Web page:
D'Angio's take: While shorter forms may be advantageous, the search for more effective written consent documents continues. One thing does seem abundantly clear, he added: human interaction in the consent process is invaluable. In other words: "Consent is a process, not just a form."
Next: Are electronic consent forms the wave of the future?
Design tips to enhance readability
Here are some design tips to increase readability that can be applied to consent forms and other informational material provided to volunteer research participants, courtesy of healthcommunications.org
Choose a font size (12-15) that is comfortable for most readers. Fonts that are too large can be distracting.
Block off paragraphs and separate them with one-line spacing. Don't indent, and justify left. Use descriptive headings and subheads.
Use two column layouts to keep the length of lines short, ideally 7 to 14 words each.
Group the information logically and in manageable chunks. Avoid bullet lists of more than 5 items.
Graphics add meaning and help explain the text, but they should "at least replace their weight in words." Too many graphics distract.
Color can add appeal and help in scanning and navigating. But avoid using more than three colors and be sure there is enough contrast between text and background.
Avoid clutter: On a standard letter size page, leave 25-35 percent as white space.
Congratulations to . . .
Jannick Rolland, the Brian J. Thompson Professor of Optical Engineering and Director of the Center for Freeform Optics (CeFO) and the R.E. Hopkins Center, has been named the 2014 recipient of the David Richardson Medal from the Optical Society (OSA). The David Richardson Medal recognizes those who have made significant contributions to optical engineering, primarily in the commercial and industrial sector.
Duje Tadin, Associate Professor of Brain and Cognitive Sciences and the Center for Visual Science, is the 2014 winner of the Elsevier/VSS Young Investigator Award. The award, sponsored by Vision Research, is given each year to an outstanding visual scientist who received an advanced degree within the past 10 years.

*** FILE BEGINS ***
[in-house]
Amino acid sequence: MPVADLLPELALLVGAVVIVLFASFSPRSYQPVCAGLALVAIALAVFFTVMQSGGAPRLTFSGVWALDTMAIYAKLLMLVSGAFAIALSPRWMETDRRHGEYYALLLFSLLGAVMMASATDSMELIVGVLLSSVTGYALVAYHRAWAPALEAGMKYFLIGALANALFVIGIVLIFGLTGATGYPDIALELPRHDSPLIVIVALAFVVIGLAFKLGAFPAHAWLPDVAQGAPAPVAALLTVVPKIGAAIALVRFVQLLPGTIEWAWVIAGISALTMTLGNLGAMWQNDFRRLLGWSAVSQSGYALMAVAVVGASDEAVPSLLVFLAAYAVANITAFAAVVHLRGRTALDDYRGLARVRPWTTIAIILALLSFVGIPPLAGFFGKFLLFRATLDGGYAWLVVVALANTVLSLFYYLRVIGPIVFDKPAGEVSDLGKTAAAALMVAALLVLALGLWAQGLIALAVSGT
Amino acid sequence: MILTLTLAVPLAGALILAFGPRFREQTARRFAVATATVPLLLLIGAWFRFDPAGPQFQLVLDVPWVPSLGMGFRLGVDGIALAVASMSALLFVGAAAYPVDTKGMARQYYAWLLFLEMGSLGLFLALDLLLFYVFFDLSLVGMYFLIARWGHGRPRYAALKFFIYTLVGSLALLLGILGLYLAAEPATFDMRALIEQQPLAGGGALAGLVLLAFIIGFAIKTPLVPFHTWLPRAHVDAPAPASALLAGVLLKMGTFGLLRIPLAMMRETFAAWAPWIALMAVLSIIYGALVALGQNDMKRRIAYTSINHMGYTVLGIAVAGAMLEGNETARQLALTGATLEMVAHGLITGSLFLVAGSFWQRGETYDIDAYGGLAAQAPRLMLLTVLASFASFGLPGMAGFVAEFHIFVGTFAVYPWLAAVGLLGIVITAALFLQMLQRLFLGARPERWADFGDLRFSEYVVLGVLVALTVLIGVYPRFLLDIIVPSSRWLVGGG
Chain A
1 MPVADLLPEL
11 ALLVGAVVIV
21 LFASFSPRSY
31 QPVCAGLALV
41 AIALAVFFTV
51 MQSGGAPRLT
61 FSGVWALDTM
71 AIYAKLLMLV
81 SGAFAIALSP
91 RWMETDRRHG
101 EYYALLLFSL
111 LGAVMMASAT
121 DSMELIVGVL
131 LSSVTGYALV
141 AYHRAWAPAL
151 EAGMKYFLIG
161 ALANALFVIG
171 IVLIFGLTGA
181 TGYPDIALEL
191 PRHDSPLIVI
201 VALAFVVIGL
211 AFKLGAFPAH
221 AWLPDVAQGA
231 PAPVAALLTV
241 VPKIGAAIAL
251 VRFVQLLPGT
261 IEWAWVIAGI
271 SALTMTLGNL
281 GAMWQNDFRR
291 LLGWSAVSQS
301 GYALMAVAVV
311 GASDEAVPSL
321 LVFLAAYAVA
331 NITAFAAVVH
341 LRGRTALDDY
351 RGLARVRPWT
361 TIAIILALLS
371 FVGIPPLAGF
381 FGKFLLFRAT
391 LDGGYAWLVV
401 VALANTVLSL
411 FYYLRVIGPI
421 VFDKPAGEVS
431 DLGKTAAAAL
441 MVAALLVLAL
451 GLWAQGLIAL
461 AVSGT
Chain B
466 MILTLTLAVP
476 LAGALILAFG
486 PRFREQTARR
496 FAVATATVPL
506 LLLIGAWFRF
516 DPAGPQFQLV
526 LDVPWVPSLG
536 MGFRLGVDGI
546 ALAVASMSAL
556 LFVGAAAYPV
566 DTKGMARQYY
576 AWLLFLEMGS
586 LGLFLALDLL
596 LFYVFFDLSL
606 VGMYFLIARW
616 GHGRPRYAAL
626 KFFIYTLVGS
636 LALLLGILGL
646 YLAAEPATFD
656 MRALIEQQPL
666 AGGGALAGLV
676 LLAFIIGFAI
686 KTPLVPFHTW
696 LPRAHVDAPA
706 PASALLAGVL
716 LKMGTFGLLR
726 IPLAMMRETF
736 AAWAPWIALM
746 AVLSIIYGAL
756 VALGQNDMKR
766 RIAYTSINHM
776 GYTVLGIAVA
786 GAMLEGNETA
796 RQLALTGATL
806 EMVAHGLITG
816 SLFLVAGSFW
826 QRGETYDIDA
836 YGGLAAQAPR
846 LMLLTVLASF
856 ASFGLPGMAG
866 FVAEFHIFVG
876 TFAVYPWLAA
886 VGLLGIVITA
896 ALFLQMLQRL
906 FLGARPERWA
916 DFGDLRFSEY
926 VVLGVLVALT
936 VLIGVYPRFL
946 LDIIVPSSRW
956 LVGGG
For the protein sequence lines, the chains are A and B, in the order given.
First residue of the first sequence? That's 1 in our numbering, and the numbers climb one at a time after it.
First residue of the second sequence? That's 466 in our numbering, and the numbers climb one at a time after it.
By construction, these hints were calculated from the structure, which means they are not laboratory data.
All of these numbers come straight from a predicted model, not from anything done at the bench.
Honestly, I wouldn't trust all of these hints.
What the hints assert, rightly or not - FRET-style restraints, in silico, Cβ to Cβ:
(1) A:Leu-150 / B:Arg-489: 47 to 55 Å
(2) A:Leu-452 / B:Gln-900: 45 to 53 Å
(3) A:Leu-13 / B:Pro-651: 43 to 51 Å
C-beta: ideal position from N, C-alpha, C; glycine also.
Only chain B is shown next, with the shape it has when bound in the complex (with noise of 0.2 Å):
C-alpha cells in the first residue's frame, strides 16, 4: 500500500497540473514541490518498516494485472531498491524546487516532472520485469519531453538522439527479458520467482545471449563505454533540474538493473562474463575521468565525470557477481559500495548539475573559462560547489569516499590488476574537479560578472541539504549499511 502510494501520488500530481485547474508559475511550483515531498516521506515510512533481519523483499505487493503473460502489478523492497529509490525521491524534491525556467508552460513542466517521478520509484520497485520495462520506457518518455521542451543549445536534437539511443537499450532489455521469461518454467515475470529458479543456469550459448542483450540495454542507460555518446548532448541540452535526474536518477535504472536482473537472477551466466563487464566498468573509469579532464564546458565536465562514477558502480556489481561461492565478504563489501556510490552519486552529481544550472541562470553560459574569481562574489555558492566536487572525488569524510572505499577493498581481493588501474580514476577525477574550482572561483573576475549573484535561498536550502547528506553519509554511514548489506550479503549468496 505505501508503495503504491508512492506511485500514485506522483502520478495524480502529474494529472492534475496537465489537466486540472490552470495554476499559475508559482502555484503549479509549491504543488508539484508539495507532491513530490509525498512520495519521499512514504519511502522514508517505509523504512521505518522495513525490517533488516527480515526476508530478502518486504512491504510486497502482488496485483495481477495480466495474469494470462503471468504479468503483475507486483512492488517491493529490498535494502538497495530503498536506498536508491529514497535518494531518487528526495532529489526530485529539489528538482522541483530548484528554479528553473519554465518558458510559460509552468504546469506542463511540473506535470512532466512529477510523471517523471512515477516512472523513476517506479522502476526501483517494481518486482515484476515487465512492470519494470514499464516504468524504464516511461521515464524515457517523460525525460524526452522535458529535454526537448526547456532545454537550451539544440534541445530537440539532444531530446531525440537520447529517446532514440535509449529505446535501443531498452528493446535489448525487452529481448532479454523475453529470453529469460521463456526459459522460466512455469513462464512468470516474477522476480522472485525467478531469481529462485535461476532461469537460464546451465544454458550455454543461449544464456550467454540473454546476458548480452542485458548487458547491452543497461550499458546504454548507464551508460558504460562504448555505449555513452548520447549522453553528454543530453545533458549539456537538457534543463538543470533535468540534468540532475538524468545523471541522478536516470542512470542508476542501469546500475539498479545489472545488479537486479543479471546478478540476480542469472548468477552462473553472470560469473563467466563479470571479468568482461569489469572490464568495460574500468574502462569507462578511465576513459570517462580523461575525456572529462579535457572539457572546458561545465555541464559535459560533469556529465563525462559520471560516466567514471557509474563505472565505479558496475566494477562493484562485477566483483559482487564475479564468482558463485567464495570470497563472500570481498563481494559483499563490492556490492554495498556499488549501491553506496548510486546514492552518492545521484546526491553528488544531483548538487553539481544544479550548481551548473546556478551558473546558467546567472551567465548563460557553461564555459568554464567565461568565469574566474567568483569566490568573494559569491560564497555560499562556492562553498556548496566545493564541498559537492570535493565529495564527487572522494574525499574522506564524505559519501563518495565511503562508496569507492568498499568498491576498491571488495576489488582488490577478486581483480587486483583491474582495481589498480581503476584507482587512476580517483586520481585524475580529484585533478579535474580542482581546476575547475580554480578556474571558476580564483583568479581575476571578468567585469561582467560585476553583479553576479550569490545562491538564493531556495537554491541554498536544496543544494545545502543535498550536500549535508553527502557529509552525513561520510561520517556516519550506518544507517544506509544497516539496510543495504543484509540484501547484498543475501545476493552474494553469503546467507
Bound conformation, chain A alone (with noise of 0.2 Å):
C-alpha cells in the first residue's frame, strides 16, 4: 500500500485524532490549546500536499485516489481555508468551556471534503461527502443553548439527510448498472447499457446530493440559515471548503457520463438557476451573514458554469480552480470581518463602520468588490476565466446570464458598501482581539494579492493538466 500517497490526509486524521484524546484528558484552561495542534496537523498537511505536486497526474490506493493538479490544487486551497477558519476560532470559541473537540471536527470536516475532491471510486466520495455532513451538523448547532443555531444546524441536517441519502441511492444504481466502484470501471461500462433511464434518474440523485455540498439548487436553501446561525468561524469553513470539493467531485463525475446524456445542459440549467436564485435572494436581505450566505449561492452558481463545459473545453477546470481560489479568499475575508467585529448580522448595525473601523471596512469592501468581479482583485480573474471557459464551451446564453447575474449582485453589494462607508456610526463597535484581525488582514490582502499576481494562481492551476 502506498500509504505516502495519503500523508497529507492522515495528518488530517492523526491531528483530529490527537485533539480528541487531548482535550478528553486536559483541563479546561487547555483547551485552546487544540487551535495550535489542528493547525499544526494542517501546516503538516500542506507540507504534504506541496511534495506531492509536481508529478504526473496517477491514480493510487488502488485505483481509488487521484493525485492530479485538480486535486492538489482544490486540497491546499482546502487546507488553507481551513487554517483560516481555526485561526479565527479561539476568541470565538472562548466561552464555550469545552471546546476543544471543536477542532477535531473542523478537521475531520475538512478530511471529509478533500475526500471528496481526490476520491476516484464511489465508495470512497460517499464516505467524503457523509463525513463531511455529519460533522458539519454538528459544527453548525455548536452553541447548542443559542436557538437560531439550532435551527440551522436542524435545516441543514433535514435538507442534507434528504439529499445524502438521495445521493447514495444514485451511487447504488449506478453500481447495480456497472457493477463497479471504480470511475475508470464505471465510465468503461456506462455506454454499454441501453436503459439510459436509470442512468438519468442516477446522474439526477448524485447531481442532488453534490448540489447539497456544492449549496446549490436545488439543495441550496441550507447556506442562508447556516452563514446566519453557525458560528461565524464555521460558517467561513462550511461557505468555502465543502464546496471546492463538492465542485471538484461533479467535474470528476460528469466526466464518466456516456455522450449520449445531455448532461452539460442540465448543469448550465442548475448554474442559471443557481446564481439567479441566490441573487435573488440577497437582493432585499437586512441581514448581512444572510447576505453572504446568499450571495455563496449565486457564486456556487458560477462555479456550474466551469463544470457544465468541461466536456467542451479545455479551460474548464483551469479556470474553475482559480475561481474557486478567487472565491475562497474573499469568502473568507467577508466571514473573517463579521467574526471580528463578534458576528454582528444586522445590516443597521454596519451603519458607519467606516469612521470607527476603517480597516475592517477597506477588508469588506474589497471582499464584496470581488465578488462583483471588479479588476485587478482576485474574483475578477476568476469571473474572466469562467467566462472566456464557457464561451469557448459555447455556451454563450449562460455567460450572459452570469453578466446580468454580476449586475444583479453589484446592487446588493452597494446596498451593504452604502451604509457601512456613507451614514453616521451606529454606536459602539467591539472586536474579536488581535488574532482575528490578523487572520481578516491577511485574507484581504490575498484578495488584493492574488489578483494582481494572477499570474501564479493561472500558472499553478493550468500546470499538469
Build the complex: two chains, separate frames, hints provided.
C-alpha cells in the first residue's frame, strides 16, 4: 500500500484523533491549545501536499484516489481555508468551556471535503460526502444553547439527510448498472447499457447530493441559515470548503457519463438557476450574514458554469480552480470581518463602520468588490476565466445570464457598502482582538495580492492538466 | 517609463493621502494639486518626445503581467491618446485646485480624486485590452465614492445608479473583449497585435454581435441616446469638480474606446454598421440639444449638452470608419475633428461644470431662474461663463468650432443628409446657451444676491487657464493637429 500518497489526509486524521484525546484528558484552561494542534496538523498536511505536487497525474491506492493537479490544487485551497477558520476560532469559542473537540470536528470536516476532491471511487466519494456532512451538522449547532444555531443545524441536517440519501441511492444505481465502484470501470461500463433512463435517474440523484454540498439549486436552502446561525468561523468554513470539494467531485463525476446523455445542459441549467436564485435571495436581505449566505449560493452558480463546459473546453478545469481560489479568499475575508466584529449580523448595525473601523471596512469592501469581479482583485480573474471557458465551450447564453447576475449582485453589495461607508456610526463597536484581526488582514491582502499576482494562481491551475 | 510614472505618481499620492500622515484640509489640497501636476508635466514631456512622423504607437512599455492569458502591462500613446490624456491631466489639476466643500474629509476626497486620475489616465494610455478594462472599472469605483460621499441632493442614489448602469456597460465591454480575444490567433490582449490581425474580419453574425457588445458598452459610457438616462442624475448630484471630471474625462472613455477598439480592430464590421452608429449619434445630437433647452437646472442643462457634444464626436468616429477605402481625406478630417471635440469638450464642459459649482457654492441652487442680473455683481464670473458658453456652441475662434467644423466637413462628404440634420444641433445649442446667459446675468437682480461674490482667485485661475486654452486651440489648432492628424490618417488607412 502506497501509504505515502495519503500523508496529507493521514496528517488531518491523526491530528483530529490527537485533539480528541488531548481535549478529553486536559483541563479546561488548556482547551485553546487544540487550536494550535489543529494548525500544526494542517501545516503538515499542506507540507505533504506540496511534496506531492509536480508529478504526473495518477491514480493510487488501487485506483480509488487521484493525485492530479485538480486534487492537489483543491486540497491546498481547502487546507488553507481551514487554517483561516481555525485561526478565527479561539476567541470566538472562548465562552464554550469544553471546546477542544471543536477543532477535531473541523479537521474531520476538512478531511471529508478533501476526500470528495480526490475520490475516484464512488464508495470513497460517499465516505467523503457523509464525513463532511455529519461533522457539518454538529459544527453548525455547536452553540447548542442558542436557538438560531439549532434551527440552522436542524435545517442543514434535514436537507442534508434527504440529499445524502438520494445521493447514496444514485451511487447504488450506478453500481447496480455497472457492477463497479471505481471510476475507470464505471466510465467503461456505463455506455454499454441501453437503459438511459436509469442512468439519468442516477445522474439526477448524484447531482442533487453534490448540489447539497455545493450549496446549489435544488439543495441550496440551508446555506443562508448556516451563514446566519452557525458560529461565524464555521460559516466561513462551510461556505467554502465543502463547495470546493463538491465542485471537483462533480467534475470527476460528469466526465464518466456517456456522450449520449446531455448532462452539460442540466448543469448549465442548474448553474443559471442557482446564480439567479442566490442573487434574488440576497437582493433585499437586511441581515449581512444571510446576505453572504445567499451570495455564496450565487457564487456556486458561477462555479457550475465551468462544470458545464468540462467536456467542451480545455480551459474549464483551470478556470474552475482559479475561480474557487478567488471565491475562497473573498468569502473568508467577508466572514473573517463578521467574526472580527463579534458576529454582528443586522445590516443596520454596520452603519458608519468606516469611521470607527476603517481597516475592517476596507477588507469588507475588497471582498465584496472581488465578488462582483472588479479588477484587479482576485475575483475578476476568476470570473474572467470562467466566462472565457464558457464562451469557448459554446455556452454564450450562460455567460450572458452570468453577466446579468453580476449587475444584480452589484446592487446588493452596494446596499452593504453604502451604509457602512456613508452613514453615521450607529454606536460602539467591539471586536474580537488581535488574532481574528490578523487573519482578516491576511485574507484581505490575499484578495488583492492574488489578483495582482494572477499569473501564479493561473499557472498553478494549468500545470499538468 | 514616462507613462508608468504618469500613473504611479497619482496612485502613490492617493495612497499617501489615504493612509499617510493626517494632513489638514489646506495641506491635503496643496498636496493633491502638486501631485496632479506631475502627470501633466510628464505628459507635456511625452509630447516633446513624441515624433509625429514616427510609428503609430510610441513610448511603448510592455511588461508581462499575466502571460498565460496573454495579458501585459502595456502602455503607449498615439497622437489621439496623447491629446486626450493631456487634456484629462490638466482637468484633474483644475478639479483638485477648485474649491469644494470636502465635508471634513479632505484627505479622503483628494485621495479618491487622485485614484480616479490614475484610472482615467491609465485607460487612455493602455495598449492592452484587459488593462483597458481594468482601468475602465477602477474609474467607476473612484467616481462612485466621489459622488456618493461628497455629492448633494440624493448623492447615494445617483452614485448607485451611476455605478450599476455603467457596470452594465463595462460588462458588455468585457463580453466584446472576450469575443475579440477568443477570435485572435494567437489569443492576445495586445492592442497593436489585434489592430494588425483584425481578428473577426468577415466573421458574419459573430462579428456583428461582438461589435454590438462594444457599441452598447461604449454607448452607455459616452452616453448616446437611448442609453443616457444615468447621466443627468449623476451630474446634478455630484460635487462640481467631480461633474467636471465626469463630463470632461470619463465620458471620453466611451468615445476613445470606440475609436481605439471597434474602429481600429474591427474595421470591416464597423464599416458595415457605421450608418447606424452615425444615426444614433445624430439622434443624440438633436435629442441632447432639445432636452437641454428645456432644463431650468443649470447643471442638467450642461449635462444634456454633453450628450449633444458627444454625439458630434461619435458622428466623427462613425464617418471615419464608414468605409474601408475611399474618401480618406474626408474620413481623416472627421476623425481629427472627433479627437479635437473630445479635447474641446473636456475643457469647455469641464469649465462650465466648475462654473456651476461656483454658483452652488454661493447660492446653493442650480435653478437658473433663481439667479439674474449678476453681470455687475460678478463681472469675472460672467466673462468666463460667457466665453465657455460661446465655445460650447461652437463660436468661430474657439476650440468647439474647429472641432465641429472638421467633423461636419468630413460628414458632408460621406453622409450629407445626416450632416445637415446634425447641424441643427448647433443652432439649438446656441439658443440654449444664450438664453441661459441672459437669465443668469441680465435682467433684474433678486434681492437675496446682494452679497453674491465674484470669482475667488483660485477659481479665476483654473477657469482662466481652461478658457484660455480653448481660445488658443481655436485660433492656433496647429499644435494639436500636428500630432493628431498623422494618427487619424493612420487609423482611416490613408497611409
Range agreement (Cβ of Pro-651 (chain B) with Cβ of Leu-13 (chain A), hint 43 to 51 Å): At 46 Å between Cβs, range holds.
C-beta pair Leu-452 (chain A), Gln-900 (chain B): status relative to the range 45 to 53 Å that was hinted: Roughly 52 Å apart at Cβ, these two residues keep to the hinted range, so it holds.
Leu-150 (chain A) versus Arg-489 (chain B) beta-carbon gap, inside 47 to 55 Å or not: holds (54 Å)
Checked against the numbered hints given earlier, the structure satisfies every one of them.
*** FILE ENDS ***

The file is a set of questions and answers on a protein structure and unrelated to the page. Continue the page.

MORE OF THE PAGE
Richard E. Kreipe, founding director of the Child and Adolescent Eating Disorders Program at Golisano Children's Hospital, will be recognized with the Academy of Eating Disorders (AED) Leadership Award for Clinical, Administrative, or Educational Service during the International Conference on Eating Disorders, tomorrow in New York City.
Researchers in the news
A study presented at the Society of Interventional Radiology's 39th annual meeting suggests that donning a pair of video glasses -- which display a movie or television show only the patient can see -- can help the patient relax during a biopsy or other kind of minimally invasive treatment. "Whether they were watching a children's movie or nature show, patients wearing video glasses were successful at tuning out their surroundings," David L. Waldman, Chairman and Professor in the Department of Imaging Sciences and lead author of the study, told the Los Angeles Times. "It's an effective distraction technique that helps focus the individual's attention away from the treatment."
Mark your calendar
April 1: "When erythrocyte biology and mechanics collide," featuring Richard Waugh, Chair and Professor of Biomedical Engineering, Professor of Biochemistry & Biophysics, of Pharmacology & Physiology, and of the Rochester Center for Biomedical Ultrasound, and James Palis, Professor of Hematology and Oncology in the Department of Pediatrics. CTSI Crossing Elmwood seminar series. 12:15 to 1:15 p.m., Helen Wood Hall Auditorium (1w 304).
April 7-8: Grant Winners Workshop, sponsored by AS&E Dean's office, featuring Robert Porter, national leader in research development. Four sessions: Writing successful grants, writing the NSF career proposal, grants in the humanities and social sciences, and strategies for success in sponsored research. Click here to learn more.
April 8: "Mobile phone-based asthma self-management aid for adolescents," featuring James Allen, Professor of Computer Science, and Hyekrun Rhee, Associate Professor in the School of Nursing. CTSI Crossing Elmwood seminar series. 12:15 to 1:15 p.m., Helen Wood Hall Auditorium (1w 304).
April 10: 14th Annual Technology Showcase, sponsored by the Center for Emerging and Innovative Sciences, 1 to 5:30 p.m., Eastman Business Park's Theater on the Ridge. An opportunity for University researchers to present their work to industry, other researchers and organizations.
April 25: International experts in infectious diseases and vaccine development gather to honor their colleague and collaborator, Caroline Breese Hall. Join the Department of Pediatrics for a Festschrift involving a full day of scientific talks and discussions. See Schedule of Events.